The Tooth Of The Matter Is, They Suck

, , , , , , | Healthy | January 22, 2020

Around mid-October, I begin to feel pain on the upper side in the back of my jaw. I didn’t have my wisdom teeth out as a teen, so I know I’ve waited too long to have them removed. At this point in my life, I’m on state Medicaid; I find a dentist who takes my insurance and see them in early November. The dentist confirms it’s my wisdom teeth coming in and refers me to an oral surgeon, as the X-rays indicate that all four are bone-impacted. 

I call the oral surgeon’s office and get an appointment for December 28th. It goes well; they take another set of X-rays that informs us that the roots of my top wisdom teeth have grown into my sinus cavity. The bottom two are close enough to my nerve that he wants all four extracted, I will have to be anesthetized for it, and they need to come out ASAP. He assures they’ll submit the paperwork and the insurance will get back to me within two weeks. 

I leave satisfied. 

Two weeks roll around, nothing. I give calling the insurance an extra day, due to Martin Luther King, Jr. Day. They inform me that they have no record of any submission at all. They call the oral surgeon’s office and assure me that the office will resubmit the paperwork. I ask her how long it will take — by this point, one wisdom tooth has partially erupted; the other side of that tooth is pushing on my last molar — and am informed if the office submits online, it will take two days. 

I then call the oral surgeon to find out how they might be submitting the paperwork, so I can find out how long I’m going to be in pain. I speak with a lovely woman who, in response to my question, replies, “I don’t know,” and hangs up on me. I call back immediately; it goes straight to the office message.

I call the insurance company back and ask if anything can be done. At this point, I can only wait for them to submit the paperwork, but I am urged that if they don’t, to contact state Medicaid and make a complaint. 

I wait 24 hours and call the surgeon again. This time I get another woman, who is actually helpful. Surprise, surprise, no one submitted my paperwork. They also can only submit by mail, so there is at least a two-week wait. [Employee #2] assures me that she’ll submit the paperwork. She apologizes for her coworker with an exasperated sigh that tells me this isn’t the first problem [Employee #1] has caused.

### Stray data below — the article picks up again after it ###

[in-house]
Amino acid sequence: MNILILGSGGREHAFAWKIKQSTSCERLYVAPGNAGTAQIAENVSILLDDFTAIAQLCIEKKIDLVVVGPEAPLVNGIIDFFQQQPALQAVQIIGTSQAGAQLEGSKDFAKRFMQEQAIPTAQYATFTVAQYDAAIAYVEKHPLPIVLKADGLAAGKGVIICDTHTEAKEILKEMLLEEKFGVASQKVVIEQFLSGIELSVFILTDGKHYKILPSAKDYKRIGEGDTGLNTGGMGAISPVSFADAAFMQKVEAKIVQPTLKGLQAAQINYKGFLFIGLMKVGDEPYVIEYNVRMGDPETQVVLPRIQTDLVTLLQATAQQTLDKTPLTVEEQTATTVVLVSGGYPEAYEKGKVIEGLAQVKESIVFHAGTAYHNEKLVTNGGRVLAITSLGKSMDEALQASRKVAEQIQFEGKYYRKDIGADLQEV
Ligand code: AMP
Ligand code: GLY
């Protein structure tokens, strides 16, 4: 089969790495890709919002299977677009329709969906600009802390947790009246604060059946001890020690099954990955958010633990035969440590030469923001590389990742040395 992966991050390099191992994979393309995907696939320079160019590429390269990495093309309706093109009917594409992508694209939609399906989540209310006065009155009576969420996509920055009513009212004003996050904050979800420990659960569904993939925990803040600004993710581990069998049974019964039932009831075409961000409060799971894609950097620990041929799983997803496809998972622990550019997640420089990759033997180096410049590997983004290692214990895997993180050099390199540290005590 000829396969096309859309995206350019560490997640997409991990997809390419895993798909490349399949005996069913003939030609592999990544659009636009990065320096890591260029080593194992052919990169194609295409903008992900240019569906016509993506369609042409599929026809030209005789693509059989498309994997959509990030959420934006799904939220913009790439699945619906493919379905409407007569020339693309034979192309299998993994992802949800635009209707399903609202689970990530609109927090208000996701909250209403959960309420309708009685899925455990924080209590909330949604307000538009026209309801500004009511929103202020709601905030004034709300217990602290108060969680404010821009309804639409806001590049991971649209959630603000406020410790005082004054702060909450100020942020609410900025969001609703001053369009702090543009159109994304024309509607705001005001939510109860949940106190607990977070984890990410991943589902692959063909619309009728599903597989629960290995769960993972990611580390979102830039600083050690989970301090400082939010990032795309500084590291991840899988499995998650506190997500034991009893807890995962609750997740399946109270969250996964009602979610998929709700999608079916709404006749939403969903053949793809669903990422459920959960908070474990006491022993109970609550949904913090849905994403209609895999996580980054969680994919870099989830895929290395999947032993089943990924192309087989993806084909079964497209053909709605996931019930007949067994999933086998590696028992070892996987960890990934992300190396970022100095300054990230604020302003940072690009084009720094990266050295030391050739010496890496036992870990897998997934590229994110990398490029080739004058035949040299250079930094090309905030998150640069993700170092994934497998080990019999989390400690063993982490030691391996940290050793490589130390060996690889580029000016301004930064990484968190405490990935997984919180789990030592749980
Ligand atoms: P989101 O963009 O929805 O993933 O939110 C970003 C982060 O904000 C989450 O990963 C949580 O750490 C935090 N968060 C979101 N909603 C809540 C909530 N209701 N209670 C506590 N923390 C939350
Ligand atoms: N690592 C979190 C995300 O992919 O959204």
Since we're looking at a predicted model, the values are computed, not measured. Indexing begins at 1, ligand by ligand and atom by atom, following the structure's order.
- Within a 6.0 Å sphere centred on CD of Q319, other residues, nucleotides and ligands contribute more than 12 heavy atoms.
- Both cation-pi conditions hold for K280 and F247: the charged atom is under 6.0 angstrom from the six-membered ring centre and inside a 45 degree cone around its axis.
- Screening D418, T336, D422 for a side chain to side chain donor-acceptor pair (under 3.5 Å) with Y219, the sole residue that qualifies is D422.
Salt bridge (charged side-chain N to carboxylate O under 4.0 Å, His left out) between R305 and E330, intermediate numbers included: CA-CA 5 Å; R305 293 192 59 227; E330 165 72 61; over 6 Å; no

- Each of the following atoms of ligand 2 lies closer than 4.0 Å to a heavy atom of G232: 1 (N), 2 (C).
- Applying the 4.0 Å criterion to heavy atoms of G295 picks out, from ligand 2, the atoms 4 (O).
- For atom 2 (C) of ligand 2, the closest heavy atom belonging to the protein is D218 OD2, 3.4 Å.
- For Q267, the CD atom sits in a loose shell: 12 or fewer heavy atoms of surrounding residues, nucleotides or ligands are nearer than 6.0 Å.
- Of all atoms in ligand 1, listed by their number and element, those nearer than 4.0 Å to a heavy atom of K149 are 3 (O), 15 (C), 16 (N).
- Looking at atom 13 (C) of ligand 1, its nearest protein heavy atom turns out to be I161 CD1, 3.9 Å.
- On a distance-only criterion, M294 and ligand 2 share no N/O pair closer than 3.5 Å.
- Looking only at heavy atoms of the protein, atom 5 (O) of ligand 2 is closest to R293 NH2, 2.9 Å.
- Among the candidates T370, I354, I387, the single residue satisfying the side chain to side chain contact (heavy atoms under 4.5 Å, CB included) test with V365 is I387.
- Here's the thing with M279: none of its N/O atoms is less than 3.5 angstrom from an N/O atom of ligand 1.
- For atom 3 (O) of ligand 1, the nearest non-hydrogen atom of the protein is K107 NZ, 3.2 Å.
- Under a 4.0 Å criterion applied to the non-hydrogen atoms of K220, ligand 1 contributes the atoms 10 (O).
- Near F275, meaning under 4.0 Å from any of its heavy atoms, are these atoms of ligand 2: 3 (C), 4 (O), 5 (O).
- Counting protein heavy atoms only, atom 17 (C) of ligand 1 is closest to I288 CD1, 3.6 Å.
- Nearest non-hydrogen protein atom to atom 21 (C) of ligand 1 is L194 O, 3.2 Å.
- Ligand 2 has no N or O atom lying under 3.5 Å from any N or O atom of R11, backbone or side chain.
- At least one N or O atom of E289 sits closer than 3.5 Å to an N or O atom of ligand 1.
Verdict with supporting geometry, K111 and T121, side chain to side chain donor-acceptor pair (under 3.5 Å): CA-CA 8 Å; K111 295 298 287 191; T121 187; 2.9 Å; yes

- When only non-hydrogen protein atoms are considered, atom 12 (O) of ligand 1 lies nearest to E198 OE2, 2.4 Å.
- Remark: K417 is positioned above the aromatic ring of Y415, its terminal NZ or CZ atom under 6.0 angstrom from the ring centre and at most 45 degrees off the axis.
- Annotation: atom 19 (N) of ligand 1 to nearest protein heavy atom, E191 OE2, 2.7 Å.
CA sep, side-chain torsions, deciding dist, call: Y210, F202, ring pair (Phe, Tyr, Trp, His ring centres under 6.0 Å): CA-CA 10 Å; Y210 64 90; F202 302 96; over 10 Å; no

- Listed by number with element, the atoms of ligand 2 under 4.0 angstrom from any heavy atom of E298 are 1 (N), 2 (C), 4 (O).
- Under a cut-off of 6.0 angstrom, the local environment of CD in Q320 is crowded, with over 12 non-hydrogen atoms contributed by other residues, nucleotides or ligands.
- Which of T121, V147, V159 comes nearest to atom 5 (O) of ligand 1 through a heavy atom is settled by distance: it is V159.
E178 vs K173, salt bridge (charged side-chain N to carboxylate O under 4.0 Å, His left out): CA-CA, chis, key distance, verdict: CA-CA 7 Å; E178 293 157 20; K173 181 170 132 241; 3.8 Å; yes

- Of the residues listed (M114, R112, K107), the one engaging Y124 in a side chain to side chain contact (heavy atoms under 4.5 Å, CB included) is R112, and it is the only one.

Two weeks pass. I finally get a response from the insurance company in the mail: the extraction is approved, but general anesthesia is not. According to the paperwork, whoever submitted used the wrong code for the new year and it needs to be resubmitted, again. 

It’s now Mid-February and I have been dealing with wisdom tooth pain since October. I can barely eat or sleep because of the pain. 

I call state Medicaid and make a complaint about the way I was treated and how the situation was handled. I am told that my complaint is not valid because I did not receive services from the surgeon. They also will not approve the general anesthesia because I do not have any medical reason for it, i.e., fear of needles, anxiety, etc. To have all four bone-impacted wisdom teeth removed. At one time. No need. At all. 

I find another dentist farther from my area and make the earliest appointment they have. They recommend me to another surgeon, even farther than the first surgeon. I get an appointment with the second surgeon within the week. He apologizes for the first surgeon and assures me that they’ll handle it properly.

It’s now the beginning of March. I get the paperwork from the insurance regarding the new surgeon’s submission; everything’s perfect. I have the surgery on March 27th, half a year after the pain started. It takes longer than expected, as my mouth is small; the surgeon has to take my bottom wisdom teeth in pieces to work around the nerves. I am advised to stay on bed-rest for the next five days. 

Everything works out just fine — months pass and my jaw has healed completely. I end up getting a full-time job and dental insurance — different from state Medicaid — through them. 

Sometime around August, I get a letter in the mail from my insurance, denying payment for an appointment from the very first dentist I saw about a referral to an oral surgeon. 

I call that dentist and have my files transferred as quickly as I can.

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The Effort Of Listening Is Too Much

, , , , , , | Right | January 14, 2020

I work for an optometrist and my job involves phoning people to let them know that their glasses have arrived from the lab, and are ready for pickup. This is done in between all my other tasks, and, theoretically, should only take a few minutes.

Very few people actually answer their telephones, so if their voicemail is activated, I leave this standard message: “Hello. I’m calling from [Company] to let you know that the prescription glasses ordered for [Customer] have been checked in. Please pick them up at your convenience. We are open today until 5:00 pm, and we are open tomorrow from 9:00 until 5:00. Thank you.”